The plant shown above, Acanthus mollis L., is widely held by historians to be the inspiration behind a highly characteristic element of ancient Greek (Corinthian) and Roman architecture - the so-called 'Acanthus motif'. This feature is expressed mostly in column capitals, as shown below*.
For the Romans, the Acanthus plant held connotations of resurrection, as evidenced by the following quote from the architect Vitruvius:
The invention of the capital of this order is said to be founded on the following occurrence. A Corinthian virgin, of marriageable age, fell a victim to a violent disorder. After her interment, her nurse, collecting in a basket those articles to which she had shown a partiality when alive, carried them to her tomb, and placed a tile on the basket for the longer preservation of its contents. The basket was accidentally placed on the root of an acanthus plant, which, pressed by the weight, shot forth, towards spring, its stems and large foliage, and in the course of its growth reached the angles of the tile, and thus formed volutes at the extremities. - Marcus Vitruvius Pollio, 'De Architectura IV', 25 B. C.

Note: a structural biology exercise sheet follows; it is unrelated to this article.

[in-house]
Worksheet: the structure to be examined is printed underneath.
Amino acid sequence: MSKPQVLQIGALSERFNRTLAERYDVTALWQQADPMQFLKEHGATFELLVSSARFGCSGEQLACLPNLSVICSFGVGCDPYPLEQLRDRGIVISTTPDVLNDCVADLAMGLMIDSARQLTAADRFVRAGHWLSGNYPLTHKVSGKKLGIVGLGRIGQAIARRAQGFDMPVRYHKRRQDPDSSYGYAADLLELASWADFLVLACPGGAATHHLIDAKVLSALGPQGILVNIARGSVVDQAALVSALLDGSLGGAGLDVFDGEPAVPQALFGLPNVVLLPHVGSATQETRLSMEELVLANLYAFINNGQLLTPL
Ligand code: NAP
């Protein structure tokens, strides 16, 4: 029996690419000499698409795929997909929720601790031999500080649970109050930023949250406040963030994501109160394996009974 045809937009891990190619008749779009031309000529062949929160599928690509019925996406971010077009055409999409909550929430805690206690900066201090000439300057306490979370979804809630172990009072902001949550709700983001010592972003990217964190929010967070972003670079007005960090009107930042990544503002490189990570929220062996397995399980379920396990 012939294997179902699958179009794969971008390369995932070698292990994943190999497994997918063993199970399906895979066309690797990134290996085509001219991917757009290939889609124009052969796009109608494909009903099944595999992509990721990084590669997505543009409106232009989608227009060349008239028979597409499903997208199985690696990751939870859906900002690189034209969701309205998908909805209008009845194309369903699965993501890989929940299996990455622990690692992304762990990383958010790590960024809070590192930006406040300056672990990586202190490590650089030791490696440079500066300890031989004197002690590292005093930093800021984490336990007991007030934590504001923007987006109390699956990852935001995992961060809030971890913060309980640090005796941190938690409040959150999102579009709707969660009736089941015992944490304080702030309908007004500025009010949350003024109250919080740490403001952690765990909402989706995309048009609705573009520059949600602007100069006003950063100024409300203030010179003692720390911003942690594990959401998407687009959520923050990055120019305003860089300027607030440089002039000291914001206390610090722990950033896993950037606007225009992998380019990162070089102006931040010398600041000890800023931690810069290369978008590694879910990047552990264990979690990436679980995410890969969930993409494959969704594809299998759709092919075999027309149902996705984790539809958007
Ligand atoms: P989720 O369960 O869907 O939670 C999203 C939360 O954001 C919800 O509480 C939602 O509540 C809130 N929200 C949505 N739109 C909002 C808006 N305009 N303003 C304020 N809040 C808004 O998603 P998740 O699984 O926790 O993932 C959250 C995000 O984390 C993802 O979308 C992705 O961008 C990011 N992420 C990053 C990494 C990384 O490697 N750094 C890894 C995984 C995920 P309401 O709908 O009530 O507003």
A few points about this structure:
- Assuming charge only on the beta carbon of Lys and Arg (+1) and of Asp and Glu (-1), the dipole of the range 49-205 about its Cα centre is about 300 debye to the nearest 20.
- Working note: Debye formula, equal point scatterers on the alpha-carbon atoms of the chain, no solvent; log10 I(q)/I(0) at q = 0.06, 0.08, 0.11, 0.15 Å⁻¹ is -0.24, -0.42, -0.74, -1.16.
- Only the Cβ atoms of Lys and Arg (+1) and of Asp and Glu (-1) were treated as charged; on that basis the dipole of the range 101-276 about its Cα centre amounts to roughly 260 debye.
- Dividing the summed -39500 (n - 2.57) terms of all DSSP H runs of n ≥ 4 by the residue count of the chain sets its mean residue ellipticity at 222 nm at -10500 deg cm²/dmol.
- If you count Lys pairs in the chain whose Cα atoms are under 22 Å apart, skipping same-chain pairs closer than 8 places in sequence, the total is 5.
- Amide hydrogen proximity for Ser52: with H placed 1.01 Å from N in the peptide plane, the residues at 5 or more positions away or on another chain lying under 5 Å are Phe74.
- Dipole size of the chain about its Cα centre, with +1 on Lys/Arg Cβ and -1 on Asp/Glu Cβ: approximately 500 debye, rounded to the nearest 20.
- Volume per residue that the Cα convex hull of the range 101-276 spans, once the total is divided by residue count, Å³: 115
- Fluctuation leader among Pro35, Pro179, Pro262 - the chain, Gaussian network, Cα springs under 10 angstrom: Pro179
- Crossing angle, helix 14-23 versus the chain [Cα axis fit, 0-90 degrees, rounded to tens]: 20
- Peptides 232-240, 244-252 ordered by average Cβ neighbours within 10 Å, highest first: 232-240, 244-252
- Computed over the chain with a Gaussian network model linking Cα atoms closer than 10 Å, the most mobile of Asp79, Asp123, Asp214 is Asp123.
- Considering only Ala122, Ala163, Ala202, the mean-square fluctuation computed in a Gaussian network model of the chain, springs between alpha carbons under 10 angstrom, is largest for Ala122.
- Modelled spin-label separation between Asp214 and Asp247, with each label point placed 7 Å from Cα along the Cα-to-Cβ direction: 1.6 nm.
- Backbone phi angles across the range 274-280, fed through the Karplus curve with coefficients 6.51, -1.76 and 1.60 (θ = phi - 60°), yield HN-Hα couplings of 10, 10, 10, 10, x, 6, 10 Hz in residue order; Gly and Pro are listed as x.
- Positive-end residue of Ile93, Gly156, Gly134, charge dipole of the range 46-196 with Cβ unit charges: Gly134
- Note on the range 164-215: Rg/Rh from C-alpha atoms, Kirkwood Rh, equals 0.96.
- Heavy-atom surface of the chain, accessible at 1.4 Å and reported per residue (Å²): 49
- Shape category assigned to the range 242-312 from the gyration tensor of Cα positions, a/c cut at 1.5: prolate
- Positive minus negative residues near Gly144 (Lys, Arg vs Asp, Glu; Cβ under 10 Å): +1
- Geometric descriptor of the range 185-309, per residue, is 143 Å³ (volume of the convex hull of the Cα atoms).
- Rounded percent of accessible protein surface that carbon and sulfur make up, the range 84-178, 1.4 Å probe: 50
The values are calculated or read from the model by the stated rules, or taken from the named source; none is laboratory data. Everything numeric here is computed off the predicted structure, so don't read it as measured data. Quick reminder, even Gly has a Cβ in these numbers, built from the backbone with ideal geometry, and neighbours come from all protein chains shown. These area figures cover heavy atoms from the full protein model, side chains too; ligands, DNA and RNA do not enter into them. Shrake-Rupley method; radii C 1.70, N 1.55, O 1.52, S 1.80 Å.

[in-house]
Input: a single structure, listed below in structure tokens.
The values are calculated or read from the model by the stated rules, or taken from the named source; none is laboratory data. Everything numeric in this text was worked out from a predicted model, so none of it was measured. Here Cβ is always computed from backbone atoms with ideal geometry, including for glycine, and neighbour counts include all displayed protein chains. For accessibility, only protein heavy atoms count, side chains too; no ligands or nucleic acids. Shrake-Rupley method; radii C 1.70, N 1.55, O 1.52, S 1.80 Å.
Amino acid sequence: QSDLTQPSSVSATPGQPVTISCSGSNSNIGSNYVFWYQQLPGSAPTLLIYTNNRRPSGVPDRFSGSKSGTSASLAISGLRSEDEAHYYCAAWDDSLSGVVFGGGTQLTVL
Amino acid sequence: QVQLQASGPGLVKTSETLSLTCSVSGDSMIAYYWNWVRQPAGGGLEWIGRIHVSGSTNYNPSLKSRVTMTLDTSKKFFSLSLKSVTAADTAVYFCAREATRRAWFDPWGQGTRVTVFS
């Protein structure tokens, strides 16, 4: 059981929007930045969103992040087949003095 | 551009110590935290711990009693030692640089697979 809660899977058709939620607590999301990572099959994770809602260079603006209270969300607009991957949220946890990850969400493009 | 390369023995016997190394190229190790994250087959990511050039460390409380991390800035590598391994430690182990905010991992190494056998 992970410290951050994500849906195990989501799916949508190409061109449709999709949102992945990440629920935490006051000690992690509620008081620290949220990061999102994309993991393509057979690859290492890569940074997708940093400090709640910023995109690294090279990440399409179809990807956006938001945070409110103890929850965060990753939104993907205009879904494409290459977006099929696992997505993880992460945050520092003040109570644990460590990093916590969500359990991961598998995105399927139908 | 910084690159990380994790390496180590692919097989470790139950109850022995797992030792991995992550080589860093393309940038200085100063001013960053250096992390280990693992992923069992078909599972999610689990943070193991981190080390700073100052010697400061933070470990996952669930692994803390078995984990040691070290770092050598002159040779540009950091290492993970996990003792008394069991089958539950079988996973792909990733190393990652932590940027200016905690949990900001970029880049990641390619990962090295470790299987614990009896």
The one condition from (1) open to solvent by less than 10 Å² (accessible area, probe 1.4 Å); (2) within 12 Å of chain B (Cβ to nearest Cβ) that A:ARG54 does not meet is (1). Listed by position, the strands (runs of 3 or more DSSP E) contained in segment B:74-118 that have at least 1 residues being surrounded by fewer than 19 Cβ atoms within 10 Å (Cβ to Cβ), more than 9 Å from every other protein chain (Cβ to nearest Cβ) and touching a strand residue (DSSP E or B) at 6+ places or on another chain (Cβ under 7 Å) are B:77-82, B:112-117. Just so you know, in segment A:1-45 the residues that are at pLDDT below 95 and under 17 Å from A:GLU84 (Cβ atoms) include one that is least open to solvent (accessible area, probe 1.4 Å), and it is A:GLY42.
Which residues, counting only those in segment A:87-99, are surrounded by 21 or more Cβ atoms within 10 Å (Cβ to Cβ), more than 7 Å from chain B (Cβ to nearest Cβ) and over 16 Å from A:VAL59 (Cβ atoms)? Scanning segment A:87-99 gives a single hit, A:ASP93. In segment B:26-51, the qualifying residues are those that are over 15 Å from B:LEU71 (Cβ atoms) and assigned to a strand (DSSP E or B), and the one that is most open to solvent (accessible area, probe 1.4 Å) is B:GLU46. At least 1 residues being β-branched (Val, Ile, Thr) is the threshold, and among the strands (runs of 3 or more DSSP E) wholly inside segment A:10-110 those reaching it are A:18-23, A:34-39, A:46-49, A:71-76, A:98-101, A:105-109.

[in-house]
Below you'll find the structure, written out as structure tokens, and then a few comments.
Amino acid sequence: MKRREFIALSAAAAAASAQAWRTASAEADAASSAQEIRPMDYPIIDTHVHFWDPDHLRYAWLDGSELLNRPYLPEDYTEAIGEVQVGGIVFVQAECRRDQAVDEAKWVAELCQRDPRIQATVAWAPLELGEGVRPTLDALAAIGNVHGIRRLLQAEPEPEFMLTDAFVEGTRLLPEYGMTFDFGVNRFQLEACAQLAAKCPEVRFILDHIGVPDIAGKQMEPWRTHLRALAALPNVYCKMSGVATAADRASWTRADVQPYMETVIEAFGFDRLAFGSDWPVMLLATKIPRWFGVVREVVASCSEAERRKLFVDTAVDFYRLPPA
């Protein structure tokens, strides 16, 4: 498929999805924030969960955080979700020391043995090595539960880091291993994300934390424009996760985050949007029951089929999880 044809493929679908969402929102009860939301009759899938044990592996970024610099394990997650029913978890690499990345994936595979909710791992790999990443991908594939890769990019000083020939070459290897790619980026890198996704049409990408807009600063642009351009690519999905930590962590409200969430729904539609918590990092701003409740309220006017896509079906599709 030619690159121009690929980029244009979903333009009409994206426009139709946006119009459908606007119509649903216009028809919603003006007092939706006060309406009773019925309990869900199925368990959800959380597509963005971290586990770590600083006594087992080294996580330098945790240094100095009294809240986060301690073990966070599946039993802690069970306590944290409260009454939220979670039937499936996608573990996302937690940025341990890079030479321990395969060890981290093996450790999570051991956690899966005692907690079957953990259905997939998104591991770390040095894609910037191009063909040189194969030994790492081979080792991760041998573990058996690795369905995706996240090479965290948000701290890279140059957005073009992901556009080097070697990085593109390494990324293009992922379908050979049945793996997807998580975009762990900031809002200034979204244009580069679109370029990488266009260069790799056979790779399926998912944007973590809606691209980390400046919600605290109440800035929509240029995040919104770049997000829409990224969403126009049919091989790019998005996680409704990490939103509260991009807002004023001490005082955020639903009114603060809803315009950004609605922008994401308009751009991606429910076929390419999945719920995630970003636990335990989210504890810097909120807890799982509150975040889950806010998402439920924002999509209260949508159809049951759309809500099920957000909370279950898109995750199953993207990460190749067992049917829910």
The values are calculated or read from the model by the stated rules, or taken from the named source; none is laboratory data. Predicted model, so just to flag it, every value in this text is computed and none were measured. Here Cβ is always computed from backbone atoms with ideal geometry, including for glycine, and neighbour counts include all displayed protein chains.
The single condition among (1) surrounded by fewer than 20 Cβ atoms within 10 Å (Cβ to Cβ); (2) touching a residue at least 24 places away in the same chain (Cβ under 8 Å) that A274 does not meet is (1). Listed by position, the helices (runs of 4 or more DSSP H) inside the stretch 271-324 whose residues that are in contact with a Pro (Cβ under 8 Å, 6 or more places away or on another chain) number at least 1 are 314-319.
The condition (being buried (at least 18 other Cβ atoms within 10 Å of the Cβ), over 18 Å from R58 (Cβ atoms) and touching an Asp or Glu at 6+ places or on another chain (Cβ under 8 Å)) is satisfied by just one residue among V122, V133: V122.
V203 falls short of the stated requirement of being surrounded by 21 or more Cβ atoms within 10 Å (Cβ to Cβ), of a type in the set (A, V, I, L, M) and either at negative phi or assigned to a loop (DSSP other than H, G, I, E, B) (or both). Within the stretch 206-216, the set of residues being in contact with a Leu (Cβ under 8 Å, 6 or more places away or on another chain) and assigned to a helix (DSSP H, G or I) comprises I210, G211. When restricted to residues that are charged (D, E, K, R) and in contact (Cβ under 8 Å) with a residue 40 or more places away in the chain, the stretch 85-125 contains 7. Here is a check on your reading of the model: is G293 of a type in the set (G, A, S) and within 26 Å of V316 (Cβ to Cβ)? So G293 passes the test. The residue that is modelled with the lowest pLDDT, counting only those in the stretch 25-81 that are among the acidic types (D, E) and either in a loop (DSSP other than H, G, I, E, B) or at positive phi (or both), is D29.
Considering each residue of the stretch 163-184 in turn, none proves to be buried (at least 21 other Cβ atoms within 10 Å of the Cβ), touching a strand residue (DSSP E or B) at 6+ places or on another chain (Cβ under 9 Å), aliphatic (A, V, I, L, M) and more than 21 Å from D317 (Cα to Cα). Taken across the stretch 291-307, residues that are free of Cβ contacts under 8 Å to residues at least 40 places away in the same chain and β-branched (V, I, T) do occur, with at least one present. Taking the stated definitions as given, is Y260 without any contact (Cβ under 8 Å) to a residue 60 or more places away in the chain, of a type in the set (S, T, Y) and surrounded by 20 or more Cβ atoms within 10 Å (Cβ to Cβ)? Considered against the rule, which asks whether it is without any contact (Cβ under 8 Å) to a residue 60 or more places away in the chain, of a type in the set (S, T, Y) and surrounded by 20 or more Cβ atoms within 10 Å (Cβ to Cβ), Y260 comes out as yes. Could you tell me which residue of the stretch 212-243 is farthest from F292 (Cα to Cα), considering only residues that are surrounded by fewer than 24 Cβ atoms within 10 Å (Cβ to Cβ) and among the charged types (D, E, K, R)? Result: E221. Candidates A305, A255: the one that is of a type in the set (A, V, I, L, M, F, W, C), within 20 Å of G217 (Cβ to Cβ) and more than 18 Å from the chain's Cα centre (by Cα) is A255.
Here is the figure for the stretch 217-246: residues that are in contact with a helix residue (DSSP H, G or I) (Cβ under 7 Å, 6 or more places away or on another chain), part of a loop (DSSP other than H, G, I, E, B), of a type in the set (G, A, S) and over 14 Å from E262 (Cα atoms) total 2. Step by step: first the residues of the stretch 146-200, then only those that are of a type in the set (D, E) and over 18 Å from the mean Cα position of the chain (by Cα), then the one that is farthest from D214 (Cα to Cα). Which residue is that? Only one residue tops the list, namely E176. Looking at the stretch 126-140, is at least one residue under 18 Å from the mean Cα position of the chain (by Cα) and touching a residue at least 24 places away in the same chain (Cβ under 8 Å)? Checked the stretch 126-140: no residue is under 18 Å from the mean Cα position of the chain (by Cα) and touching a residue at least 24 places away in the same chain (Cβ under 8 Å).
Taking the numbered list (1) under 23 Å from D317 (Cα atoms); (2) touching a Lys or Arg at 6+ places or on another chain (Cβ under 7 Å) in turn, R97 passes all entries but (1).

Acanthus is a genus mostly native to the Mediterranean region, though it has been grown in many gardens around the world for its beautiful foliage and flowers. Its name in Maltese is Ħannewija.
*image by Jane Vadnal, University of Pittsburgh. Pictures of plant (1): Fiddien 27.V.2009; (2-3): Buskett 06.V.2009